America’s Iran policy is at a crossroads. Washington can abandon its counterproductive insistence on Middle Eastern hegemony, negotiate a nuclear deal grounded in the Nuclear Non-Proliferation Treaty (NPT), and get serious about working with Tehran to broker a settlement to the Syrian conflict. In the process, the United States would greatly improve its ability to shape important outcomes there. Alternatively, America can continue on its present path, leading ultimately to strategic irrelevance in one of the world’s most vital regions—with negative implications for its standing in Asia as well.
U.S. policy is at this juncture because the costs of Washington’s post-Cold War drive to dominate the Middle East have risen perilously high. President Obama’s self-inflicted debacle over his plan to attack Syria after chemical weapons were used there in August showed that America can no longer credibly threaten the effective use of force to impose its preferences in the region. While Obama still insists “all options are on the table” for Iran, the reality is that, if Washington is to deal efficaciously with the nuclear issue, it will be through diplomacy.
In this context, last month’s Geneva meeting between Iran and the P5+1 brought America’s political class to a strategic and political moment of truth. Can American elites turn away from a self-damaging quest for Middle Eastern hegemony by coming to terms with an independent regional power? Or are they so enthralled with an increasingly surreal notion of America as hegemon that, to preserve U.S. “leadership,” they will pursue a course further eviscerating its strategic position?
The proposal for resolving the nuclear issue that Iran’s foreign minister, Javad Zarif, presented in Geneva seeks answers to these questions. It operationalizes the approach advocated by Hassan Rohani and other Iranian leaders for over a decade: greater transparency on Iran’s nuclear activities in return for recognizing its rights as a sovereign NPT signatory—especially to enrich uranium under international safeguards—and removal of sanctions. For years, the Bush and Obama administrations rejected this approach. Now Obama must at least consider it.
The Iranian package provides greater transparency on Tehran’s nuclear activities in two crucial respects. First, it gives greater visibility on the conduct of Iran’s nuclear program. Iran has reportedly offered to comply voluntarily for some months with the Additional Protocol (AP) to the NPT—which it has signed but not yet ratified and which authorizes more proactive and intrusive inspections—to encourage diplomatic progress. Tehran would ratify the AP—thereby committing to its permanent implementation—as part of a final deal.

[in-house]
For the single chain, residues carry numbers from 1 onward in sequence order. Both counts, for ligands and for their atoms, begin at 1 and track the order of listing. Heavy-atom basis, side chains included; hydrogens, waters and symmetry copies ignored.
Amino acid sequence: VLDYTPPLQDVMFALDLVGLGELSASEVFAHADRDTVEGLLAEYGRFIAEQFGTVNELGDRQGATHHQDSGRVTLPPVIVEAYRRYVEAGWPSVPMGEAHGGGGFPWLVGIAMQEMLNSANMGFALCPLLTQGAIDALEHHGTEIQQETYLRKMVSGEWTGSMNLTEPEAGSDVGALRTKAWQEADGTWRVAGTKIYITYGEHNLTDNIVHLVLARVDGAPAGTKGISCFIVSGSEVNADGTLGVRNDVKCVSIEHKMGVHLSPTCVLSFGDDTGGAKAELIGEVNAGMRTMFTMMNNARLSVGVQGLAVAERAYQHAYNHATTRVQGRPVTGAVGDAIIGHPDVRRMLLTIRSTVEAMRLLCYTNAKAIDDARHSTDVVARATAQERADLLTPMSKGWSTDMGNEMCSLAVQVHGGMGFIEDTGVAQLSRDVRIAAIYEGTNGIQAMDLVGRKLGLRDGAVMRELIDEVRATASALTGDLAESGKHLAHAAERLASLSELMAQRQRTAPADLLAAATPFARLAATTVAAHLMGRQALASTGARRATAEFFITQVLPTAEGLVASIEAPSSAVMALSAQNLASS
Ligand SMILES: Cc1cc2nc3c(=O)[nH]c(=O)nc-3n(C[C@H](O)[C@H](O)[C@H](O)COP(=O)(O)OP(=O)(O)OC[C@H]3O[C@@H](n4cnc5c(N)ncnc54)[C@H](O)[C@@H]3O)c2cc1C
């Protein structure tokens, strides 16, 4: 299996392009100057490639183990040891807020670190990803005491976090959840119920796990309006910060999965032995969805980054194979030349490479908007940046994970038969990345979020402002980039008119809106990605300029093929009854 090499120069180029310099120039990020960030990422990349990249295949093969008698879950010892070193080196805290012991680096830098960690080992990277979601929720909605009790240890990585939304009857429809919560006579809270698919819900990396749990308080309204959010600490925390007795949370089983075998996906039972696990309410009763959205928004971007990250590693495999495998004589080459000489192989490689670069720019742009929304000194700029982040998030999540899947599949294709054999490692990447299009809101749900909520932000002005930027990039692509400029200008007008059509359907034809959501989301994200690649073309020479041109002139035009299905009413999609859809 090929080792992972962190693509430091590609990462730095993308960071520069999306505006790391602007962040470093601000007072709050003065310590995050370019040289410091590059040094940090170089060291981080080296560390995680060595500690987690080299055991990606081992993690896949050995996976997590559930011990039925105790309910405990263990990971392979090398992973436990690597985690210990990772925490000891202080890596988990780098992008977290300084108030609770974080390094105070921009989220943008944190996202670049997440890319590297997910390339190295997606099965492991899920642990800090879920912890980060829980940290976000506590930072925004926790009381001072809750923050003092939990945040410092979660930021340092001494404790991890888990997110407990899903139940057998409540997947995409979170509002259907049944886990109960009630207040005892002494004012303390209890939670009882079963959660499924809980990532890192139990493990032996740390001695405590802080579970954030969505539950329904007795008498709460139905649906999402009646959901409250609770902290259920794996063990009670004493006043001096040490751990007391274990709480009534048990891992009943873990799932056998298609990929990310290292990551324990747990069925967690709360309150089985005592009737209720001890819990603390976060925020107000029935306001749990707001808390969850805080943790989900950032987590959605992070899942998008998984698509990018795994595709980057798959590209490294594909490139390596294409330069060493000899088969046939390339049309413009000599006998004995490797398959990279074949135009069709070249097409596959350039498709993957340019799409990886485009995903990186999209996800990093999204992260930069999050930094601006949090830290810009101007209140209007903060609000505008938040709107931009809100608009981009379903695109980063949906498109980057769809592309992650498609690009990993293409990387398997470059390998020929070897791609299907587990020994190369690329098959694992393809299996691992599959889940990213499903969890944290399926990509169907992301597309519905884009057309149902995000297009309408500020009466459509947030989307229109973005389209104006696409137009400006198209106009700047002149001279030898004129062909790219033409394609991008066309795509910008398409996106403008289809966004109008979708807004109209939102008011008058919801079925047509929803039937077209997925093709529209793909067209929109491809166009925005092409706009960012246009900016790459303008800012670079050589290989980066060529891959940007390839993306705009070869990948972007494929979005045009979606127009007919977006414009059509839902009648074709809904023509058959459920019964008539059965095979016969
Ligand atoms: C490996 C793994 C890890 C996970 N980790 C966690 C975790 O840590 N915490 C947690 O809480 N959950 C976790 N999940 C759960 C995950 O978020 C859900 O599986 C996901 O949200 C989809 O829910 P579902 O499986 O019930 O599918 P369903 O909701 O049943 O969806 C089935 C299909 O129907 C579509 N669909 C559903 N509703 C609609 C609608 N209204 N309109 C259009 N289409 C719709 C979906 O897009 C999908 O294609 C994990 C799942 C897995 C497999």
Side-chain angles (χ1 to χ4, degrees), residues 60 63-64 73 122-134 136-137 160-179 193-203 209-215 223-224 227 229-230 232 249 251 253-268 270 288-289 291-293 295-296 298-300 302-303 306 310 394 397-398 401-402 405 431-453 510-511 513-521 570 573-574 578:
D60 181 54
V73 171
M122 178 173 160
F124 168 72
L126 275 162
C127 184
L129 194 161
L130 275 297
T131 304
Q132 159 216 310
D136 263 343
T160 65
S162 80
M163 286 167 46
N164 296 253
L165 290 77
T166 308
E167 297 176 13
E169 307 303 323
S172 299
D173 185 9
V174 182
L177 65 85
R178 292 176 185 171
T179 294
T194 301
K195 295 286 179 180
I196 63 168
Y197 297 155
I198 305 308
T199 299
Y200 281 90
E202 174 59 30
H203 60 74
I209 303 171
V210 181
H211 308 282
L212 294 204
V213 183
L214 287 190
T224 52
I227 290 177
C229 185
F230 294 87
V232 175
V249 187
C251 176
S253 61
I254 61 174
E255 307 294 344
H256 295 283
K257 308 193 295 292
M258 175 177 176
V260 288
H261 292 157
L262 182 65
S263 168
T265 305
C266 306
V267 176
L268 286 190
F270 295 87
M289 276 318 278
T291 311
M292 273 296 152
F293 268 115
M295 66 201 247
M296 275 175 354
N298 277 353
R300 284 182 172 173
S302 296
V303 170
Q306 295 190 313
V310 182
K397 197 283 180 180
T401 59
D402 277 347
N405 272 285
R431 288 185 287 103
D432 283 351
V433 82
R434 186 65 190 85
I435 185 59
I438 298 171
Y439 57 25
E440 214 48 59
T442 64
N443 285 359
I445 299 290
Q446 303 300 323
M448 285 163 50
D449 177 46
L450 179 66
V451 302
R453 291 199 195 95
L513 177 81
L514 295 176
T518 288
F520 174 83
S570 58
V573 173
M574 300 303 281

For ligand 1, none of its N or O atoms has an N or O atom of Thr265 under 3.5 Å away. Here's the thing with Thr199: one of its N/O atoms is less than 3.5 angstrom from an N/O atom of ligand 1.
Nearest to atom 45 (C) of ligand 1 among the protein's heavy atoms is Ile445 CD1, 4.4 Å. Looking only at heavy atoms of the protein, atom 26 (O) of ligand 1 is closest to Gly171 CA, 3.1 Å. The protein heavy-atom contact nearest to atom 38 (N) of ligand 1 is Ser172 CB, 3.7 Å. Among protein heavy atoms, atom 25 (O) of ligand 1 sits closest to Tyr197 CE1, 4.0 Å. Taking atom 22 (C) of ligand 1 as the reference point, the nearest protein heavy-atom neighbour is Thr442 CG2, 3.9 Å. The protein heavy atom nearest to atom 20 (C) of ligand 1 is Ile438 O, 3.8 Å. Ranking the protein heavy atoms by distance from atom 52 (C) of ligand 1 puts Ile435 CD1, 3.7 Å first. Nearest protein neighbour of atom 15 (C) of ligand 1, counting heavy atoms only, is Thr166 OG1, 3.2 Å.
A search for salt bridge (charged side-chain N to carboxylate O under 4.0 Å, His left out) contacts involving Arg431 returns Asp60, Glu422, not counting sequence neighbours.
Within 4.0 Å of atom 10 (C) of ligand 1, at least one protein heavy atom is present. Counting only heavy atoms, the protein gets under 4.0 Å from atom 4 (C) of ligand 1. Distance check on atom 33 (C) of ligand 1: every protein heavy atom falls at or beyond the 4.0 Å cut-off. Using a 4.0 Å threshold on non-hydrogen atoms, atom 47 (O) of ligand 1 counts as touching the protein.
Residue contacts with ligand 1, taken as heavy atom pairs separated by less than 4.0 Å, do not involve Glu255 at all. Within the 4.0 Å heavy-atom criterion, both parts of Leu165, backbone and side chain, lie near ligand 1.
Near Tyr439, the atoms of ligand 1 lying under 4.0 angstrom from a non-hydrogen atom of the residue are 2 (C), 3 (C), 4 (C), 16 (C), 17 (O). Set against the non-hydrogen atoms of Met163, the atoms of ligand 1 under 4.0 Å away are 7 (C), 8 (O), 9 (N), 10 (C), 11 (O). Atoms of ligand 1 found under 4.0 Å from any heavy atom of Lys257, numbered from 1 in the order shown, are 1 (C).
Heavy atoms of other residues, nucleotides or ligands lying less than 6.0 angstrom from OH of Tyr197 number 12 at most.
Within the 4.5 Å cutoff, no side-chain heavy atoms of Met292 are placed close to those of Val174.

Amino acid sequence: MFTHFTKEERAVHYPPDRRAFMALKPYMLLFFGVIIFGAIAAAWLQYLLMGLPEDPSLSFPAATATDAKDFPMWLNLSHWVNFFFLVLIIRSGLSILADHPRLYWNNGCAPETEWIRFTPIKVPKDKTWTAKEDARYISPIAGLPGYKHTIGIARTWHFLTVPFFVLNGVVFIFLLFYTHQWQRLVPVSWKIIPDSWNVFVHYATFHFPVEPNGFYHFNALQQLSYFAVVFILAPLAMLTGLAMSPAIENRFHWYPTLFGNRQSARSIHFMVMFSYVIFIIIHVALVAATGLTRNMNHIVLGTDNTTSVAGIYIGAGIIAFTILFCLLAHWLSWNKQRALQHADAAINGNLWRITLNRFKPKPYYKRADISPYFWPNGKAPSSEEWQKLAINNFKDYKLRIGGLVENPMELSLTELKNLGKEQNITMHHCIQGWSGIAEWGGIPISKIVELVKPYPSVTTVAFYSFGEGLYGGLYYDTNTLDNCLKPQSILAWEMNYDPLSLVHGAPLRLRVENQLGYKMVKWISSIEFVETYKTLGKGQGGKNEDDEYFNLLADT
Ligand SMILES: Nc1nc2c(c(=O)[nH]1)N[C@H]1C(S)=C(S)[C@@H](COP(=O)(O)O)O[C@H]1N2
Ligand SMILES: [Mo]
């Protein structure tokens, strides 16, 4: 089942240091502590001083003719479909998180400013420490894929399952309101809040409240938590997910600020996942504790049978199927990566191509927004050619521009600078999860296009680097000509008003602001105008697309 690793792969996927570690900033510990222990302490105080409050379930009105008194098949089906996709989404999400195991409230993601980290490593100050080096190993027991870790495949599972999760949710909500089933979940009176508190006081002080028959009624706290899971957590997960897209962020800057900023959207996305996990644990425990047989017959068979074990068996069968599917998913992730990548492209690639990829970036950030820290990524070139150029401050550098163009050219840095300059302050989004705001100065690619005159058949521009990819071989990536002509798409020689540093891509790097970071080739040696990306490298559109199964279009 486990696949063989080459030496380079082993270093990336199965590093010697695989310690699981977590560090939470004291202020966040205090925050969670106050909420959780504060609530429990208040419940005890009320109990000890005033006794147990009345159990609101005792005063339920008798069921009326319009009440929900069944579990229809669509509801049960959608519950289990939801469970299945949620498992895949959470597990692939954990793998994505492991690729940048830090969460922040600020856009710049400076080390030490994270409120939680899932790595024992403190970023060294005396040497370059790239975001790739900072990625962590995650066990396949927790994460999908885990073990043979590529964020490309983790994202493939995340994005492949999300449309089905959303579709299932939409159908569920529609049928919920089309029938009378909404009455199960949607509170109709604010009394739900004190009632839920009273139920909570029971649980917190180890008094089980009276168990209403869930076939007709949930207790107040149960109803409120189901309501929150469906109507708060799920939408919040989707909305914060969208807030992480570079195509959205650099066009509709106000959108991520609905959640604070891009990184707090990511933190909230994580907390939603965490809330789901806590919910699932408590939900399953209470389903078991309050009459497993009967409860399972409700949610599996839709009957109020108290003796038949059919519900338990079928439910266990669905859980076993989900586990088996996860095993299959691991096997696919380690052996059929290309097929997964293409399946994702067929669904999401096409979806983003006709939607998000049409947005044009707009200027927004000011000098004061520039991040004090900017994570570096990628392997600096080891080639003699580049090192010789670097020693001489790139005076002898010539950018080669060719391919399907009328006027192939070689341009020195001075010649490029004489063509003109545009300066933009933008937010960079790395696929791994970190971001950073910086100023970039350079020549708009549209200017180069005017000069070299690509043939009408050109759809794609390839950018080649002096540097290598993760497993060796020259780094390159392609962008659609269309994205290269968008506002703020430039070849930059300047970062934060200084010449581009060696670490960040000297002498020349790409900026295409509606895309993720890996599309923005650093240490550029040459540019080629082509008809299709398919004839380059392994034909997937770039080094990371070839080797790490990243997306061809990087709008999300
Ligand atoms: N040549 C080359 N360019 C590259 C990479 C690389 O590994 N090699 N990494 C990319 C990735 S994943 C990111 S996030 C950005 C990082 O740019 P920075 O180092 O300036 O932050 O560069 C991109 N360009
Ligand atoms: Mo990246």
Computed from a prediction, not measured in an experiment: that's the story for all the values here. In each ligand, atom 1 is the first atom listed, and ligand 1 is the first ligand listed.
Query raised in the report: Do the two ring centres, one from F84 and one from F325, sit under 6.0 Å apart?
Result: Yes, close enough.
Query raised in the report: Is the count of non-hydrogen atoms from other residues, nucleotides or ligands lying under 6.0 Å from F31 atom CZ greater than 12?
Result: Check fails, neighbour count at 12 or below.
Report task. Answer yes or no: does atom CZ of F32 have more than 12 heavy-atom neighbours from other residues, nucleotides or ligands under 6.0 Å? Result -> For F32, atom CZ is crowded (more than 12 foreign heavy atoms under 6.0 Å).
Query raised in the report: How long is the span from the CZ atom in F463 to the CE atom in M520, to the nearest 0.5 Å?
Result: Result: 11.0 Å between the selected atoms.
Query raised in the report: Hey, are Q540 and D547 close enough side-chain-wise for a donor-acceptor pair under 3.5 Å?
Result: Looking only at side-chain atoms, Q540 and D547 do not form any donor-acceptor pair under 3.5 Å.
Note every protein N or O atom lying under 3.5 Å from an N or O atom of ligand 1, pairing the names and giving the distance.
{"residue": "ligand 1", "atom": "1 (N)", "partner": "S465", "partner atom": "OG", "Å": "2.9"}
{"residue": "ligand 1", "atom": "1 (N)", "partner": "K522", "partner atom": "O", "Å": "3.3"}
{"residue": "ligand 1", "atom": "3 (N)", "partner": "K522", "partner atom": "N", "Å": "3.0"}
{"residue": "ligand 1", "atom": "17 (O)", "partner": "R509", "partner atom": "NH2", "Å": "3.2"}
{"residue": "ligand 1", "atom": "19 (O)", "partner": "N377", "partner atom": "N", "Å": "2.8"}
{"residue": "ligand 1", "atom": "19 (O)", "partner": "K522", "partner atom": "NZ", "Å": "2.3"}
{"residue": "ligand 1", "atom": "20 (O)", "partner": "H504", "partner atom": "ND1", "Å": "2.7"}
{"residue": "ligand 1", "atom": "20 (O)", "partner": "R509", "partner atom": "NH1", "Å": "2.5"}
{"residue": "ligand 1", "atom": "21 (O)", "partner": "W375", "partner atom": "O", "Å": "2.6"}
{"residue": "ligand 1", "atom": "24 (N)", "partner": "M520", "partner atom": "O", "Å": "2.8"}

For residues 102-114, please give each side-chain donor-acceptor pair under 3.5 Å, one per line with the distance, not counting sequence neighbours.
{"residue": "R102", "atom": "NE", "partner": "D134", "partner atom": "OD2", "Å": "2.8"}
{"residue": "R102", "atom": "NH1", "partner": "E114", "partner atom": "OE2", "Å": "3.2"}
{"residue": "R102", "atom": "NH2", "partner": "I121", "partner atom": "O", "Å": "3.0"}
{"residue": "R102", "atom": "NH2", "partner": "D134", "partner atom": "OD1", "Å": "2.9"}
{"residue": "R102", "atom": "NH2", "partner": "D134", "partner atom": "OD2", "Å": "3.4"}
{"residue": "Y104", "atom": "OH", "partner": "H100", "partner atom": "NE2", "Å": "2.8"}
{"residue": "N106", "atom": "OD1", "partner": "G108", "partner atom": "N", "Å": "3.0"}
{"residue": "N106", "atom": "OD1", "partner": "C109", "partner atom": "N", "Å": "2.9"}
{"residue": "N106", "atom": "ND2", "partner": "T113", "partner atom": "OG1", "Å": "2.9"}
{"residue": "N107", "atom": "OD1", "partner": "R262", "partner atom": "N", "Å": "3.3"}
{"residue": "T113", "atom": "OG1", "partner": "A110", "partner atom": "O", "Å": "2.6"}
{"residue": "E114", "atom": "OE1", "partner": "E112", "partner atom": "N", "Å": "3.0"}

Second, the package aims to validate Iran’s declarations that its enrichment infrastructure is not meant to produce weapons-grade fissile material. Iran would stop enriching at the near-20 percent level of fissile-isotope purity needed to fuel the Tehran Research Reactor and cap enrichment at levels suitable for fueling power reactors. Similarly, Iran is open to capping the number of centrifuges it would install—at least for some years—at its enrichment sites in Natanz and Fordo.
Based on conversations with Iranian officials and political figures in New York in September (during Rohani and Zarif’s visit to the UN General Assembly) and in Tehran last month, it is also possible to identify items that the Iranian proposal almost certainly does not include. Supreme Leader Ayatollah Seyed Ali Khamenei has reportedly given President Rohani and his diplomats flexibility in negotiating a settlement—but he has also directed that they not compromise Iran’s sovereignty. Thus, the Islamic Republic will not acquiesce to American (and Israeli) demands to suspend enrichment, shut its enrichment site at Fordo, stop a heavy-water reactor under construction at Arak, and ship its current enriched uranium stockpile abroad.
On one level, the Iranian package is crafted to resolve the nuclear issue based on the NPT, within a year. Iran’s nuclear rights would be respected; transparency measures would reduce the proliferation risks of its enrichment activities below what Washington tolerates elsewhere. On another level, though, the package means to test America’s willingness and capability to resolve the issue on this basis. It tests this not just for Tehran’s edification, but also for that of other P5+1 states, especially China and Russia, and of rising powers like India and South Korea.
America can fail the Iranian test in two ways. First, the Obama administration—reflecting America’s political class more broadly—may prove unwilling to acknowledge Iran’s nuclear rights in a straightforward way, insisting on terms for a deal that effectively suborn these rights and violate Iranian sovereignty.